Chapter 13 - Endocrine Glands
The endocrine system is composed of glands that synthesize and secrete products, called hormones, directly into the blood or lymph rather than through a duct. Hormones are transported throughout the body where they influence only those cells that have receptors for that hormone.
The pituitary is often called the "master gland" of the body because it produces hormones that regulate other endocrine glands, as well as, have direct effects on target tissues.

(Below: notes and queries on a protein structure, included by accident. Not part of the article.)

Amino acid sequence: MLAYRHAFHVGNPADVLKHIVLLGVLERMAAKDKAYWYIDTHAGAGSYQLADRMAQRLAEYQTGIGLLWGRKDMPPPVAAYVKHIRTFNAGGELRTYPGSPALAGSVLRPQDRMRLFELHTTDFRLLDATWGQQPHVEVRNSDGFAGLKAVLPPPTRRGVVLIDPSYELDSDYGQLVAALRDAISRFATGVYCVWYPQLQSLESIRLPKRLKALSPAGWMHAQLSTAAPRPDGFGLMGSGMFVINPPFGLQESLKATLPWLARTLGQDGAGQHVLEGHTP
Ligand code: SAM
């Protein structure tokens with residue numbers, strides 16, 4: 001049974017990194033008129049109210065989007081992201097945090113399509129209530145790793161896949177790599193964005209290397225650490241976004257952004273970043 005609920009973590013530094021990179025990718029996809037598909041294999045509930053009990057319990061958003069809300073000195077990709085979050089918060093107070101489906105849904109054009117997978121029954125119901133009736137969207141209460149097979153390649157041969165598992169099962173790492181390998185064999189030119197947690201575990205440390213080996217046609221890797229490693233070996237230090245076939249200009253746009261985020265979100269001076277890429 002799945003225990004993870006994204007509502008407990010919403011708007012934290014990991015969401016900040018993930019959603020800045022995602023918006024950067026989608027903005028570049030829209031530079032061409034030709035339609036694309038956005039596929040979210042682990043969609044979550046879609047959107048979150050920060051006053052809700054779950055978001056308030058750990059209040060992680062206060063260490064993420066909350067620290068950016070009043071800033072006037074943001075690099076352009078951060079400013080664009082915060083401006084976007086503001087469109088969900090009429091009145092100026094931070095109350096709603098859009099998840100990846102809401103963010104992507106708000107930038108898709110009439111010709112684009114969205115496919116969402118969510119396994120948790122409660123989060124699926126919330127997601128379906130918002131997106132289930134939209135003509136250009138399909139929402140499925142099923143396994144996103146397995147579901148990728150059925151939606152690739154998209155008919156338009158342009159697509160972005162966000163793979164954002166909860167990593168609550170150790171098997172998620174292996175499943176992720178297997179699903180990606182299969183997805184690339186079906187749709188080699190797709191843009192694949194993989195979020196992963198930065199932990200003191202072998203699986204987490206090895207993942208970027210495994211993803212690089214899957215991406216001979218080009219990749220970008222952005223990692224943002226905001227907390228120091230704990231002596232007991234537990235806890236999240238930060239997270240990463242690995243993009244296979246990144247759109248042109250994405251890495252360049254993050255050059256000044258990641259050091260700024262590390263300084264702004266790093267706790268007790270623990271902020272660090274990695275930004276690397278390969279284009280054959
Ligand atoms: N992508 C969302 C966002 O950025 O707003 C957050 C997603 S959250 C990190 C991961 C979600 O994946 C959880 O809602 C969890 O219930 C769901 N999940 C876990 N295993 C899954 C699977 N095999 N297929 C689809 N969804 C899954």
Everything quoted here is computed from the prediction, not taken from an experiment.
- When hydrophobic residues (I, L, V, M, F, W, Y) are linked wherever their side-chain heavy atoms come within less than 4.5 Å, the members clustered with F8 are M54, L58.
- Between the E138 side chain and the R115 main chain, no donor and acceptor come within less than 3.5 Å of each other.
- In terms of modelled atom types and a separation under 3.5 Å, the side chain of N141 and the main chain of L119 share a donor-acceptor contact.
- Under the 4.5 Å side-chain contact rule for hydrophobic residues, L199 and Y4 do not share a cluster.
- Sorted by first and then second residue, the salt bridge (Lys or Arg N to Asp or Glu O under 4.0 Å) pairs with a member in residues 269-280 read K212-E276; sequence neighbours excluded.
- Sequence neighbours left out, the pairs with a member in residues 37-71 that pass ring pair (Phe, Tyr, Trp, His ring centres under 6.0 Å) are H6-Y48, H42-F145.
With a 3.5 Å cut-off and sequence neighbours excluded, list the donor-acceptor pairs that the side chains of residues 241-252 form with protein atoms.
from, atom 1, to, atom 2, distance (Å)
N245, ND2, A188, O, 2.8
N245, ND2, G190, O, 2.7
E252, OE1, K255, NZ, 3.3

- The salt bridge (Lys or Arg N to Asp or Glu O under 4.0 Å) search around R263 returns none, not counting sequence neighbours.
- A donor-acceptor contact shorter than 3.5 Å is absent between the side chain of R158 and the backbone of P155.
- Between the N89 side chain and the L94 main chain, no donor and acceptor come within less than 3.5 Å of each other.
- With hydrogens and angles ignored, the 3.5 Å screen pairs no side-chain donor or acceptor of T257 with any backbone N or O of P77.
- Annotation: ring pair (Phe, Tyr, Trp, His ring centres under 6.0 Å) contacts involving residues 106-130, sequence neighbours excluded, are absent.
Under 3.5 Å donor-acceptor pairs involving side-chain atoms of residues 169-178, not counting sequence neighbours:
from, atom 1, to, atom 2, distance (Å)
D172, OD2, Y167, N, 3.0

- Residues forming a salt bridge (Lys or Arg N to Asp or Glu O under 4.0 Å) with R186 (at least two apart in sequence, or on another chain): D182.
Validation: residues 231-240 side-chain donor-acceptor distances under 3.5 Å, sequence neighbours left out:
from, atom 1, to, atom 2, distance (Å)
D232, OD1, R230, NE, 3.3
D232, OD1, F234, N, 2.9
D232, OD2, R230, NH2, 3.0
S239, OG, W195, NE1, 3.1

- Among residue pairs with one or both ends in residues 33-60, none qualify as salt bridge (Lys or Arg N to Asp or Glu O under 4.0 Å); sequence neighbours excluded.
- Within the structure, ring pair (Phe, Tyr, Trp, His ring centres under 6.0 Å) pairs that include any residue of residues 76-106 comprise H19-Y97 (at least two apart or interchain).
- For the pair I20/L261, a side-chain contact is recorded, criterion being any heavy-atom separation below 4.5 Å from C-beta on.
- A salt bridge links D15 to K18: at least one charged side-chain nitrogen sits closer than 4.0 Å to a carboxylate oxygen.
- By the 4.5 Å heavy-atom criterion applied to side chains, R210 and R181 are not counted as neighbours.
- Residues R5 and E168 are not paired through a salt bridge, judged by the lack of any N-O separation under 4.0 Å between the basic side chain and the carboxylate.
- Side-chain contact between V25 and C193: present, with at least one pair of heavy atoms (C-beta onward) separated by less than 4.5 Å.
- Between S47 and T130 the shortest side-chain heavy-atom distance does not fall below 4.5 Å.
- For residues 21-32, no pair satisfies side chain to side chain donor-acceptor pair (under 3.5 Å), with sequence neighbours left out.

Differences in the morphology of secretion granules allow identification which hormone is being produced by a cell.
The thyroid gland produces hormones, triiodothyronine (T3) and thyroxine (T4), that primarily influence the metabolic rate and protein synthesis. It is unique in that it stores its hormones extracellularly in large follicles.
Adrenal glands produce a variety of hormones that help regulate metabolism, blood pressure, the response to stress, and other essential functions.